“Doomed to wither and die”?

June 4, 2010

In the wake of the news about a celebrity marriage (Al and Tipper Gore’s) coming to an end after 40 years, one writer who has studied late-life divorce shares her findings. It sounds like couples who’ve been married for 20, 30, and 40 years divorce for the same reasons that younger couples divorce—only with wrinkles and grown children.

Men and women I interviewed insisted they did not divorce foolishly or impulsively. Most of them mentioned “freedom.” Another word I heard a lot was “control”; people wanted it for themselves for the rest of their lives. Women had grown tired of taking care of house, husband and grown children; men were tired of working to support wives who they felt did not appreciate them and children who did not respect them. Women and men alike wanted time to find out who they were.

One spouse might have wanted to keep working while the other wanted to retire. Often, there was an emotional void; one would say that the other “doesn’t see me, doesn’t know who I am,” while the other hadn’t a clue: “I thought everything was just fine; we never argued, we don’t fight.” One grew disenchanted with the wrinkled person across the dinner table and wanted someone new and exciting.

I hope I got this point across in last week’s sermon, but every couple, no matter how happy they may be at one time or another, is susceptible to splitting up. No one can fully imagine or anticipate what loving until “we are parted by death” means. No one can know the changes that life will throw their way. We can be certain the person we marry at 25 will not be the same person—physically, emotionally, spiritually—that he or she will be at 40, 50, or 60. Will we still love this new and different person?

It depends to a large extent on us.

Remember the “Hauerwas Rule”: You always marry the wrong person. Doesn’t that take some of the pressure off? Forget the romantic lie that there is one person out there with whom we wouldn’t have to deal with these very real stresses of time and change. So deal with these problems or don’t, but don’t pretend that simply running away from a marriage will make them go away. It seems likely that in most cases the problems that contribute to divorce will outlast the divorce—whether we’re by ourselves or with someone else.

Notice that the writer uses a little sleight of hand to cover up this inconvenient truth:

Many stories ended with some rendition of, “It’s my time and if I don’t take it now, I never will.” No matter whether they had spent years gearing up for divorce or decided on the spur of the moment after one minor disagreement too many, few had regrets. Men who wanted new companionship easily found it, and women who wanted new partners had them within two years.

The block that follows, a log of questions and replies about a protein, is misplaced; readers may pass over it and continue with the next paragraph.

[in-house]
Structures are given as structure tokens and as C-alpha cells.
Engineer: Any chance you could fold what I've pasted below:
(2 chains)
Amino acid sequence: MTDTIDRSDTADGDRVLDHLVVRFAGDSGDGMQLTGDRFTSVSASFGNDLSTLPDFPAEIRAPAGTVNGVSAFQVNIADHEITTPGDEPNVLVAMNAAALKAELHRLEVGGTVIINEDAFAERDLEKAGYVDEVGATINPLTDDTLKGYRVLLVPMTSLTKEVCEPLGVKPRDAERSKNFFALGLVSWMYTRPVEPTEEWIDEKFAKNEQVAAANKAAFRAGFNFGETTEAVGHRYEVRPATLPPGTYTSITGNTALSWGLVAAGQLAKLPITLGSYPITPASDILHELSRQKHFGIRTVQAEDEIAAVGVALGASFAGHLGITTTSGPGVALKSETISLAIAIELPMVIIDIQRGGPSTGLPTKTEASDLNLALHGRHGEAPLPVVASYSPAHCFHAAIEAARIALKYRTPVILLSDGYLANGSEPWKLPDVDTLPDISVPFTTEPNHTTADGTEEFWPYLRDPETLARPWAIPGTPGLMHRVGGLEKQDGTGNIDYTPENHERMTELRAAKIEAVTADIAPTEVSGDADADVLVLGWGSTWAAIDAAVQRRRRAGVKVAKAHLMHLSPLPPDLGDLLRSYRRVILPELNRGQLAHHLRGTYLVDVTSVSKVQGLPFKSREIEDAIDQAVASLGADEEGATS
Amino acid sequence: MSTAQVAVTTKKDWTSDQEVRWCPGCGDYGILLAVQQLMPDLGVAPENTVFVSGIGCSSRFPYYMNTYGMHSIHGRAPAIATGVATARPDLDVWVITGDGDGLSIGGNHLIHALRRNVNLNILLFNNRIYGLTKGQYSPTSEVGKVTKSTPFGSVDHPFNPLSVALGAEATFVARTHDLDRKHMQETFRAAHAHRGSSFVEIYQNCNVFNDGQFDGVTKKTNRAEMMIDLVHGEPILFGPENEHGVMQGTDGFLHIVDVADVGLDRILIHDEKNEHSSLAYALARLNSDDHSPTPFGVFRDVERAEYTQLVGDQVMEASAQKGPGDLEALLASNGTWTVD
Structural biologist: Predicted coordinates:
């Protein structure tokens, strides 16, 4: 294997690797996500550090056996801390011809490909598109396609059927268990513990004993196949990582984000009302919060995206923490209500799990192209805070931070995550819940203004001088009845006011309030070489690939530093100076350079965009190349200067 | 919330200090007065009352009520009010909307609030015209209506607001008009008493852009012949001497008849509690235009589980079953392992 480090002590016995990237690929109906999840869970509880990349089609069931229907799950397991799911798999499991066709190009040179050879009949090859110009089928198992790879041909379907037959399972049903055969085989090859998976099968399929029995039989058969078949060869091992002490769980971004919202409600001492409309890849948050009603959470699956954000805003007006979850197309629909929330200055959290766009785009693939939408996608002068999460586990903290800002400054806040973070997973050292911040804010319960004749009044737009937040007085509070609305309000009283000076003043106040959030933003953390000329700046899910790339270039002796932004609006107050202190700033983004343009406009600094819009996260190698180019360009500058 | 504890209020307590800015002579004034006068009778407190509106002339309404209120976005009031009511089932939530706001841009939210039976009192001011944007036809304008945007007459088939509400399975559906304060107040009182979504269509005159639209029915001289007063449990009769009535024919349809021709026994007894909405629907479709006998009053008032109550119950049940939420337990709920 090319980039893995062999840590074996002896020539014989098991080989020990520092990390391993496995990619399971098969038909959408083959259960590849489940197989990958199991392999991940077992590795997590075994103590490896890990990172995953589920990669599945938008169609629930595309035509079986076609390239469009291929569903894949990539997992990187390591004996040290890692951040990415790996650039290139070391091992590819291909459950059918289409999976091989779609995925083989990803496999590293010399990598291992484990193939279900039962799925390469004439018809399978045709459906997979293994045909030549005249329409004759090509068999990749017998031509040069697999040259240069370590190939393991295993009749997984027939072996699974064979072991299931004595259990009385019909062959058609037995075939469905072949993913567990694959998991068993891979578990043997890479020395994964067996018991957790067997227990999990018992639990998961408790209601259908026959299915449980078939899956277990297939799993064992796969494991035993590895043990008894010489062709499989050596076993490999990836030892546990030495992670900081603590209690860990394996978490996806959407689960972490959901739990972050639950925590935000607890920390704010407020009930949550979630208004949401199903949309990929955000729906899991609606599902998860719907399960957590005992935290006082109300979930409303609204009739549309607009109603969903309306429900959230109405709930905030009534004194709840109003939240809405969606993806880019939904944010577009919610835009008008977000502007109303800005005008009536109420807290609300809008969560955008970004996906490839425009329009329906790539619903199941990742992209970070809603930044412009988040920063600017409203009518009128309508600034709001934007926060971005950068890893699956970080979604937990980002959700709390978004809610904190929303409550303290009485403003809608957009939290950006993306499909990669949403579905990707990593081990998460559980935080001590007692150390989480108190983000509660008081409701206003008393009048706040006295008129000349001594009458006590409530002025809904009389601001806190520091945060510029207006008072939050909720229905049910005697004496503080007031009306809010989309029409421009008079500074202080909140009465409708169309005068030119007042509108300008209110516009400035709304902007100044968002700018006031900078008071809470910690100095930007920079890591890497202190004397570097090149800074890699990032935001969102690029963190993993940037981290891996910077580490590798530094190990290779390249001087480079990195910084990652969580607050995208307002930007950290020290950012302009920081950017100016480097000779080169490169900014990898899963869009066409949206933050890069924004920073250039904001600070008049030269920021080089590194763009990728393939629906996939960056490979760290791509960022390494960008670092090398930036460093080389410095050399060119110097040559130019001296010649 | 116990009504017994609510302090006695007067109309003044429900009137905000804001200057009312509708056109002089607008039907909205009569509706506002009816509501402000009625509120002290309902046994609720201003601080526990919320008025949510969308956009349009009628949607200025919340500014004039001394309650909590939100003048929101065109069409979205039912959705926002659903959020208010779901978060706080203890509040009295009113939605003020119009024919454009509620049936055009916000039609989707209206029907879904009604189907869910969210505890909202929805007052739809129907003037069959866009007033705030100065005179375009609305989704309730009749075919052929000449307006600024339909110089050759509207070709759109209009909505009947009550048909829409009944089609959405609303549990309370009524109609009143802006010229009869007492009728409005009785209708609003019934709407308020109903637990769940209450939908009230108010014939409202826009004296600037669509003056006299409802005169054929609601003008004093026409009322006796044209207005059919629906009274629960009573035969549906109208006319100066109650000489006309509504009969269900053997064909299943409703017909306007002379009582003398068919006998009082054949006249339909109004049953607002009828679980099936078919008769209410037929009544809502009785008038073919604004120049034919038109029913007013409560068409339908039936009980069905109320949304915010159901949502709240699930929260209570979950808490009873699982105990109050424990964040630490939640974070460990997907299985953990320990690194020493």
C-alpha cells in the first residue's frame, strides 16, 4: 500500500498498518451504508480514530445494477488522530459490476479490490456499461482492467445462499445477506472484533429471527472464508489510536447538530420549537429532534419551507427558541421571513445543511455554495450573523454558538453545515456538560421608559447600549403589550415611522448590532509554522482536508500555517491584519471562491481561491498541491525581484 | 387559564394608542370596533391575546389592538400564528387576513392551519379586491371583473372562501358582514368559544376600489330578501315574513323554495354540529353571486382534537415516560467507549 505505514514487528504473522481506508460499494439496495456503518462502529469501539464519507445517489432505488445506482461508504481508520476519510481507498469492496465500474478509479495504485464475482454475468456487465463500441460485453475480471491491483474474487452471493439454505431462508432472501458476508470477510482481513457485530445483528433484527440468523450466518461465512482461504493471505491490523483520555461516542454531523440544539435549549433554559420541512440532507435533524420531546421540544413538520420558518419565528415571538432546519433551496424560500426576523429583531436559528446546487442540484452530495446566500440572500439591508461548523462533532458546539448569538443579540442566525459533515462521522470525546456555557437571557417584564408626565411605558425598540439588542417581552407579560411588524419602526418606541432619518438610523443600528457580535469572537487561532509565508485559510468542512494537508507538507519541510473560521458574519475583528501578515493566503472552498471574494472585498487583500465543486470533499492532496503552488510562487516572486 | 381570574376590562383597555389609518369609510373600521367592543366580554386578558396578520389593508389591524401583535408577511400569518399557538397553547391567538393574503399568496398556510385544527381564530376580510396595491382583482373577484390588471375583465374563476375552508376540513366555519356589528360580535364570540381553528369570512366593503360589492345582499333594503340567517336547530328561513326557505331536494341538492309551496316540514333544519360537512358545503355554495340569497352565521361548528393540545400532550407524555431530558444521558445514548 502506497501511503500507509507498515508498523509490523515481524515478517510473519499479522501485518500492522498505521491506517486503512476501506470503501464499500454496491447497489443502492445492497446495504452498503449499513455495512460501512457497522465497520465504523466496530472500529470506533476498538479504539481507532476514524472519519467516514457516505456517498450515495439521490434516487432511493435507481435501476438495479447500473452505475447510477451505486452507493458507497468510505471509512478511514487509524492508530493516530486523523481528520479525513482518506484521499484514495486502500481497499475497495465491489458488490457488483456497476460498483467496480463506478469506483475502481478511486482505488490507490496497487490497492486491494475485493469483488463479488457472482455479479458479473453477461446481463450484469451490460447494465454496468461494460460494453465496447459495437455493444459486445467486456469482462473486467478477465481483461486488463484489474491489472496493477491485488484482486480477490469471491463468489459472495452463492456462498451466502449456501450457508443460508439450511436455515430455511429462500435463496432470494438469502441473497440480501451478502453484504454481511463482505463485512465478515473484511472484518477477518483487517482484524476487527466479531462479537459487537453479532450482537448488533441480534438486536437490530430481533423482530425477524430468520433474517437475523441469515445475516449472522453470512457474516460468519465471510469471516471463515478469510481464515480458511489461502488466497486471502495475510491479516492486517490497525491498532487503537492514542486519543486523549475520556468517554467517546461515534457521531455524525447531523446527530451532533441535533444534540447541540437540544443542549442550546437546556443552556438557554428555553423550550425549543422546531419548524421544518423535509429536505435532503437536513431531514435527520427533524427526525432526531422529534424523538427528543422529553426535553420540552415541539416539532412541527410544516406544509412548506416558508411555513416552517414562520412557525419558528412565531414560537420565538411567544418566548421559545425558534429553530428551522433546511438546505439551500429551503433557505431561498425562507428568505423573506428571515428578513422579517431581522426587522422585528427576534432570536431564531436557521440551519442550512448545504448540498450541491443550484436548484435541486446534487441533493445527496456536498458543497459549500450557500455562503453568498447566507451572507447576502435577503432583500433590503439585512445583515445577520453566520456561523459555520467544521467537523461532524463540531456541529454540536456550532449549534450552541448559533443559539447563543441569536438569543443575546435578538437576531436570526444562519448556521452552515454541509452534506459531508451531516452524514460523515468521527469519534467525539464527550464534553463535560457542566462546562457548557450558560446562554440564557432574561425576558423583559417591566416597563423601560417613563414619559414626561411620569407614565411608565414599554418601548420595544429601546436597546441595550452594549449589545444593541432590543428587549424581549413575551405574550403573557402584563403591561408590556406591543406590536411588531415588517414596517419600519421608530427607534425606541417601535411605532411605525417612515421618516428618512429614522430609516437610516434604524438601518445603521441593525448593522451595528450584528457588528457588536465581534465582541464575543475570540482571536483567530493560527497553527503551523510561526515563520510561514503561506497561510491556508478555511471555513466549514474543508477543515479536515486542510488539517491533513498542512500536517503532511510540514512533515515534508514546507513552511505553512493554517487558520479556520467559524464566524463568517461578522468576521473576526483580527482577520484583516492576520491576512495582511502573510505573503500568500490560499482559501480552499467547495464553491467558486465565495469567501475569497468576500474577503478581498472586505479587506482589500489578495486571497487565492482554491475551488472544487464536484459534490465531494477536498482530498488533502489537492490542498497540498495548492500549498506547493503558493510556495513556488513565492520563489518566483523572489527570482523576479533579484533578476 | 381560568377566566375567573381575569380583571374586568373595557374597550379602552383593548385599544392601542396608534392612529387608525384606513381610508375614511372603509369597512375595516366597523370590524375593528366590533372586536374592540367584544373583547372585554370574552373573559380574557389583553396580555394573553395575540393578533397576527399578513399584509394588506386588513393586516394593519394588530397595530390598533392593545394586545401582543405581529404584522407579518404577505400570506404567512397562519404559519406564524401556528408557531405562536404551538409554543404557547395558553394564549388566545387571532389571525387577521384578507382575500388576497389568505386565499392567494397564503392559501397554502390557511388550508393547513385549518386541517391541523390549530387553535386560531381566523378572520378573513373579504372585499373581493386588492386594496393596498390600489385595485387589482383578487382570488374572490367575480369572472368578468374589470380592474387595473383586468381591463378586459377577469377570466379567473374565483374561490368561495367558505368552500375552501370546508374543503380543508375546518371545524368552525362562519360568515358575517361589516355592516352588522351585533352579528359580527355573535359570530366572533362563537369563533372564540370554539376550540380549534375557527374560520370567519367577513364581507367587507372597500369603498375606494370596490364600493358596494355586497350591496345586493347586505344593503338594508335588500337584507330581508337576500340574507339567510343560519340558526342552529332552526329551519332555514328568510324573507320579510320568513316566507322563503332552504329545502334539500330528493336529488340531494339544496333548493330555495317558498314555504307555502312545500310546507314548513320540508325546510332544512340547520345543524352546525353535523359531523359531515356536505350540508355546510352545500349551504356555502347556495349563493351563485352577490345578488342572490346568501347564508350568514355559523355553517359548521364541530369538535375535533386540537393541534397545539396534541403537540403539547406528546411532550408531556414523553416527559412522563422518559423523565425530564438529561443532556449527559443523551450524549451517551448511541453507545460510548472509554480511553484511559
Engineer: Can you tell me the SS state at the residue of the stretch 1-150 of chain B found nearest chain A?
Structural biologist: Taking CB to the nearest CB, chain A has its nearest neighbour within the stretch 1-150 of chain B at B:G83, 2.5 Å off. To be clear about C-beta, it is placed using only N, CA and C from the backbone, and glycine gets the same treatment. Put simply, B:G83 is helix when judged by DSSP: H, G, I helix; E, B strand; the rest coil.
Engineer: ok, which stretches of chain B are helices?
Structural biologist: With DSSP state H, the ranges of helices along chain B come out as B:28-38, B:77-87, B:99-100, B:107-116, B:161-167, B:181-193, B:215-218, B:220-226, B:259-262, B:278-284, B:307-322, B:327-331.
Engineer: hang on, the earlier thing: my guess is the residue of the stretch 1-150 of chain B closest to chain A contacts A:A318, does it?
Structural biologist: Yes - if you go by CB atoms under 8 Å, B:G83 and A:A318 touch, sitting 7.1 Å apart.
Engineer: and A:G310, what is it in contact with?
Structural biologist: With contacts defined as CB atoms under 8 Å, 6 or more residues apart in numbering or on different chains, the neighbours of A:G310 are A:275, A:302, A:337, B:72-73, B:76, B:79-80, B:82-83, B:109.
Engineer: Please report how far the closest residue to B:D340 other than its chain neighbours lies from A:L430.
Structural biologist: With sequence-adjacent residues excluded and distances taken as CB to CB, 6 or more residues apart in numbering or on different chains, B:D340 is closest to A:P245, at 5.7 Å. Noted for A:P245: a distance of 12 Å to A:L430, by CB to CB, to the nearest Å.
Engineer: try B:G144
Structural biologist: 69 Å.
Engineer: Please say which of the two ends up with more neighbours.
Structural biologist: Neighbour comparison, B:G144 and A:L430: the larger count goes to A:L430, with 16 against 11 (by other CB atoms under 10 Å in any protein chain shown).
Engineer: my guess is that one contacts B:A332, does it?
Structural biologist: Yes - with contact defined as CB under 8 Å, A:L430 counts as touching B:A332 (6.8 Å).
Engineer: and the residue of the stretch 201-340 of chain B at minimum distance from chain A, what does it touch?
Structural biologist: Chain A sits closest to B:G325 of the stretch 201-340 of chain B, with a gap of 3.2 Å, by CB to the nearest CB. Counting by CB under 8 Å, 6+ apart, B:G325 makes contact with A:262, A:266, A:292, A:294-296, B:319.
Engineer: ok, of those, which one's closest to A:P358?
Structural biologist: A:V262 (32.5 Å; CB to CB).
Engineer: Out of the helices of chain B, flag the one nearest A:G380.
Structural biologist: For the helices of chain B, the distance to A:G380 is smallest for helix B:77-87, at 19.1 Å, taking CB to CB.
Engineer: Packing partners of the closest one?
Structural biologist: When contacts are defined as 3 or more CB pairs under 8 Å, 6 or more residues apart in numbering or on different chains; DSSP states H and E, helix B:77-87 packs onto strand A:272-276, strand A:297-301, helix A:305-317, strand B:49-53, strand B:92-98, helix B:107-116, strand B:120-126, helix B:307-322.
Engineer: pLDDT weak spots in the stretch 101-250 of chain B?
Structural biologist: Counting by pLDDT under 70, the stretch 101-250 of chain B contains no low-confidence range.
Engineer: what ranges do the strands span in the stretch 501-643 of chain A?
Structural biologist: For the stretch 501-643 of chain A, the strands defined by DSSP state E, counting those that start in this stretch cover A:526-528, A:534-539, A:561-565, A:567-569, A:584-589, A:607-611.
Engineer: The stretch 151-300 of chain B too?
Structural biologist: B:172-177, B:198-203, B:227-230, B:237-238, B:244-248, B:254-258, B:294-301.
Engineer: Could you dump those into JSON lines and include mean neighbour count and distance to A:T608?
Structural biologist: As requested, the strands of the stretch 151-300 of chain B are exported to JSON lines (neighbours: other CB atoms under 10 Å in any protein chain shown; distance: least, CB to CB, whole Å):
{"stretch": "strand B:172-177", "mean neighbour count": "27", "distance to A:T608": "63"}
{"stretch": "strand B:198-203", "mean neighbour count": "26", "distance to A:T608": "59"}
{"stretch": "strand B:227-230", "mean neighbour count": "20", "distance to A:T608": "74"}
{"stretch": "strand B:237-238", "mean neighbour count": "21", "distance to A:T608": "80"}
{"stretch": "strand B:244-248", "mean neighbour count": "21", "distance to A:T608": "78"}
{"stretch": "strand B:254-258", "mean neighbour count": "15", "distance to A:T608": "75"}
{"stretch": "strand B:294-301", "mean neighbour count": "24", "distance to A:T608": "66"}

So let’s get this straight: Her research focuses on couples who divorced later in life—after decades of marriage. It is therefore next to meaningless for her to report that, among these recently divorced people, “few had regrets” about divorcing. Has she followed their lives for decades after the divorce? No. If she had interviewed these same people within a few a few years of getting married, how many of them would express regret about getting married? Very few. They were probably still happily in love.

My point is, problems in relationships emerge over time. Even the problems in a relationship of a newly single person to himself or herself emerge over time. How will we deal with them when they come?

We are Christians in part because God has shown us the future in the resurrection of Christ. Resurrection means that despite the way things appear right now, the future of this Creation, and our lives within it, is good. The way things are today is not the way things will always be. That is our Christian hope.

We bear witness to this hope in marriage. This is in part the meaning of Ephesians 5:25-33. Bearing witness means believing that God can work through even our present struggles as married partners to create a better future for us. The way things are now is not the way things will necessarily always be. Our future isn’t sealed. We are not “doomed to wither and die.” No one is.

2 Responses to ““Doomed to wither and die”?”

  1. Lisa M Says:

    Another great post. Thanks!


  2. […] think so. Let me give you one small example. I read an op-ed piece in the New York Times this week written by the author of a book on late-life divorce—couples who divorce after decades of […]


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